To demonstrate tumor specific delivery of Pep1L, a novel peptide discovered to target IL13RA2, we radiolabeled it with positron emitting Cu-64 and demonstrated its ability in vitro and in vivo to target IL13RA2-expressing human GBMs. Importantly, when intratumorally infused into mice bearing orthotopic human GBMs, IL13RA2-targeted [64Cu]Pep-1L showed GBM-specific localization compared to similarly infused [64Cu]scrambled peptide. We also witnessed increased focal retention of the intratumorally infused [64Cu]Pep-1L when compared to [64Cu]scrambled peptide 4 hours and 24 hours post intracranial infusion. Given this successful targeting of orthotopic tumors in vivo, we initiated a pilot study aiming to show the safety of Pep-1L radiolabeled to Ac-225, a potent α-particle emitter that has shown promise in early clinical trials [17, 35, 36]. In addition to optimized ligands, using more powerful α-emitting isotopes has propelled the field of radioimmunotherapy forward. α-particles are estimated to be 500–1000x more powerful than β-emitters, but have the added benefit of an ultra-short killing range, making it more safe to the surrounding organs [37]. This is especially beneficial for treating diseases such as GBM, where infiltrating tumor cells exist in significant number in normal brain tissue. Additionally, GBMs are often characterized by pseudopalisades, which are areas of hypoxia where residing GBM cells are relatively resistant to γ and β irradiation due to lack of reactive oxygen species (ROS) [3840]. The use of α-particles avoids this potential issue as their tumor cytotoxicity is the result of irreparable double stranded DNA breaks and does not rely on the presence of ROS [18]. Therefore, we performed initial proof-of-concept safety studies by infusing 1μCi (0.04MBq) of [225Ac]Pep-1L into orthotopic human GBM xenografts using CED and observed no adverse events, likely secondary to the demonstrated targeting of Pep-1L as well as the use of ultra-short range α-particles. Furthermore, in addition to safety, these initial pilot experiments demonstrated significant reduction in tumor volume, reduction in tumor cell viability and increased survival when compared to control group. These initial results validate the further study of Pep-1L as a viable delivery platform for anti-tumor therapeutics delivered via CED against GBM.

There are numerous clinical strategies utilizing radioimmunotherapy that are beginning to show positive results in clinical trials and practice. For example, Radium-223 was approved by the FDA against prostate cancer bone metastasis as the first agent to extend survival in patients with castrate resistant prostate cancer with bone metastasis [37]. This agent targets osteoblastic activity characteristically found in the vicinity of prostate cancer bone metastasis [37, 41, 42]. Astatine-211 labeled anti-tenascin targeted therapy was evaluated in a phase-1 trial in primary and metastatic brain tumor patients [43]. Therapeutic benefit of Ac-225 labeled anti-CD33 monoclonal antibody was evaluated in a phase-1 clinical trial in acute myeloid leukemia (AML) patients where median progression free survival (PFS) and median overall survival of 2.7 months and 5.5 months respectively were observed [44, 45]. Given our initial promising results in our current experiment, further evaluation of [225Ac]Pep-1L delivered via CED is ongoing.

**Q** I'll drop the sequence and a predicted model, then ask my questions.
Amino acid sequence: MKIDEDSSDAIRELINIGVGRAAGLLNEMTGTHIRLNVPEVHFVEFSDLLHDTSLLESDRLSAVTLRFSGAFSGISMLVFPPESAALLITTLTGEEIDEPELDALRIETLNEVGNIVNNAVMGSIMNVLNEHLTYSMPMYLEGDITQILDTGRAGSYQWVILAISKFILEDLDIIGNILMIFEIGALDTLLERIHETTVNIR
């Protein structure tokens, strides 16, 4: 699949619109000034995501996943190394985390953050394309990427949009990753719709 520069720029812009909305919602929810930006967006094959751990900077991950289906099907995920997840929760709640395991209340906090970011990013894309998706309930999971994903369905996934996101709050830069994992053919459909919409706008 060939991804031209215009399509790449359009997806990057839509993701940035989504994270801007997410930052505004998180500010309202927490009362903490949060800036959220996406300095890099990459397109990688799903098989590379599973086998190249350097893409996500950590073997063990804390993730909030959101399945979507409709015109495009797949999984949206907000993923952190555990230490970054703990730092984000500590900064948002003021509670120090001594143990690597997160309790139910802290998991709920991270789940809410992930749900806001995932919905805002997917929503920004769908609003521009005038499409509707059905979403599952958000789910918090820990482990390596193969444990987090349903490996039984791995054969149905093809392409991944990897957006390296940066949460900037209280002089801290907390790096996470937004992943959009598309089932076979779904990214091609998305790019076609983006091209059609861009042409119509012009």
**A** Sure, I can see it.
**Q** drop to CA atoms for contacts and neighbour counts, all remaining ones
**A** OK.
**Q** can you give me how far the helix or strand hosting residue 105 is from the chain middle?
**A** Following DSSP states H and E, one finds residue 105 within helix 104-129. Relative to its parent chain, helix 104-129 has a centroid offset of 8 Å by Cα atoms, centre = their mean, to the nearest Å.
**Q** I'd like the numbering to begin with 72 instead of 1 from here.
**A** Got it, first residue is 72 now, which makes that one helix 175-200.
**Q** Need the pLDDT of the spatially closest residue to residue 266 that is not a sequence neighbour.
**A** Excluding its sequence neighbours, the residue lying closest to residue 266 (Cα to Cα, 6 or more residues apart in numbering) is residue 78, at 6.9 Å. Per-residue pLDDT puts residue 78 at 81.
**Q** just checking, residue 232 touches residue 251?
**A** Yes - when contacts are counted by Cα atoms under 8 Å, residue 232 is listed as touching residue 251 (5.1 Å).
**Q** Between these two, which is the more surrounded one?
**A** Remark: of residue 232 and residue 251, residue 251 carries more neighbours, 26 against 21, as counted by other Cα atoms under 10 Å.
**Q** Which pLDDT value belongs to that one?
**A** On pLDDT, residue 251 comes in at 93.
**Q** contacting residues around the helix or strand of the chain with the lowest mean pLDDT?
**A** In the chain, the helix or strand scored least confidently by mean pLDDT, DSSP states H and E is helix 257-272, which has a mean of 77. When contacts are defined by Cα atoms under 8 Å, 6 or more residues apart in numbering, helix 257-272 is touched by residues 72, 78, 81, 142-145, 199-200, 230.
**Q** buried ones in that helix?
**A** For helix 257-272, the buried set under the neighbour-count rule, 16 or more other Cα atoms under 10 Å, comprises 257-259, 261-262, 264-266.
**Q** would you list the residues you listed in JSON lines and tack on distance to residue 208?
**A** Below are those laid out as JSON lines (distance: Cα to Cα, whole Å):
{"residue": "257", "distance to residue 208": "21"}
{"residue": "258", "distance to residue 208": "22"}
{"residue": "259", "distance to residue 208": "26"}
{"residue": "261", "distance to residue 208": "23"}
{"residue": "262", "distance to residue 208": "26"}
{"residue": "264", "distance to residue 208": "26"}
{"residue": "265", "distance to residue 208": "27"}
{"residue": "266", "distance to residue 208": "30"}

MATERIALS AND METHODS

Animals

Male athymic nude mice and rats were purchased from Taconic Farms (Germantown, NY). All colonies were housed in a pathogen-free facility of the Animal Research Program at Wake Forest School of Medicine under a 12:12-h light/dark cycle and fed ad libitum. All animal experiments were conducted under IACUC approved protocols in compliance with the guidelines for the care and use of research animals established by Wake Forest Medical School Animal Studies Committee.

Cell culture

U251 human glioblastoma cell line genetically engineered to express firefly luciferin (fLuc) was cultured in DMEM- high glucose media (Corning, NY) supplemented with 10% FBS (Invitrogen, Carlsbad, CA) and 1% Pen-Strep (Gibco, Grand Island, New York). PDX cell line was cultured in serum free neurobasal media (ThermoFisher Scientific, Somerset, NJ) supplemented with 1% anti-anti (ThermoFisher Scientific, Somerset, NJ), 50 μg human epithelial growth factor (hEFG) and 50 μg human fibroblast growth factor beta (hFGF-β).

Radiolabeling of Pep-1L Cu-64 to and Ac-225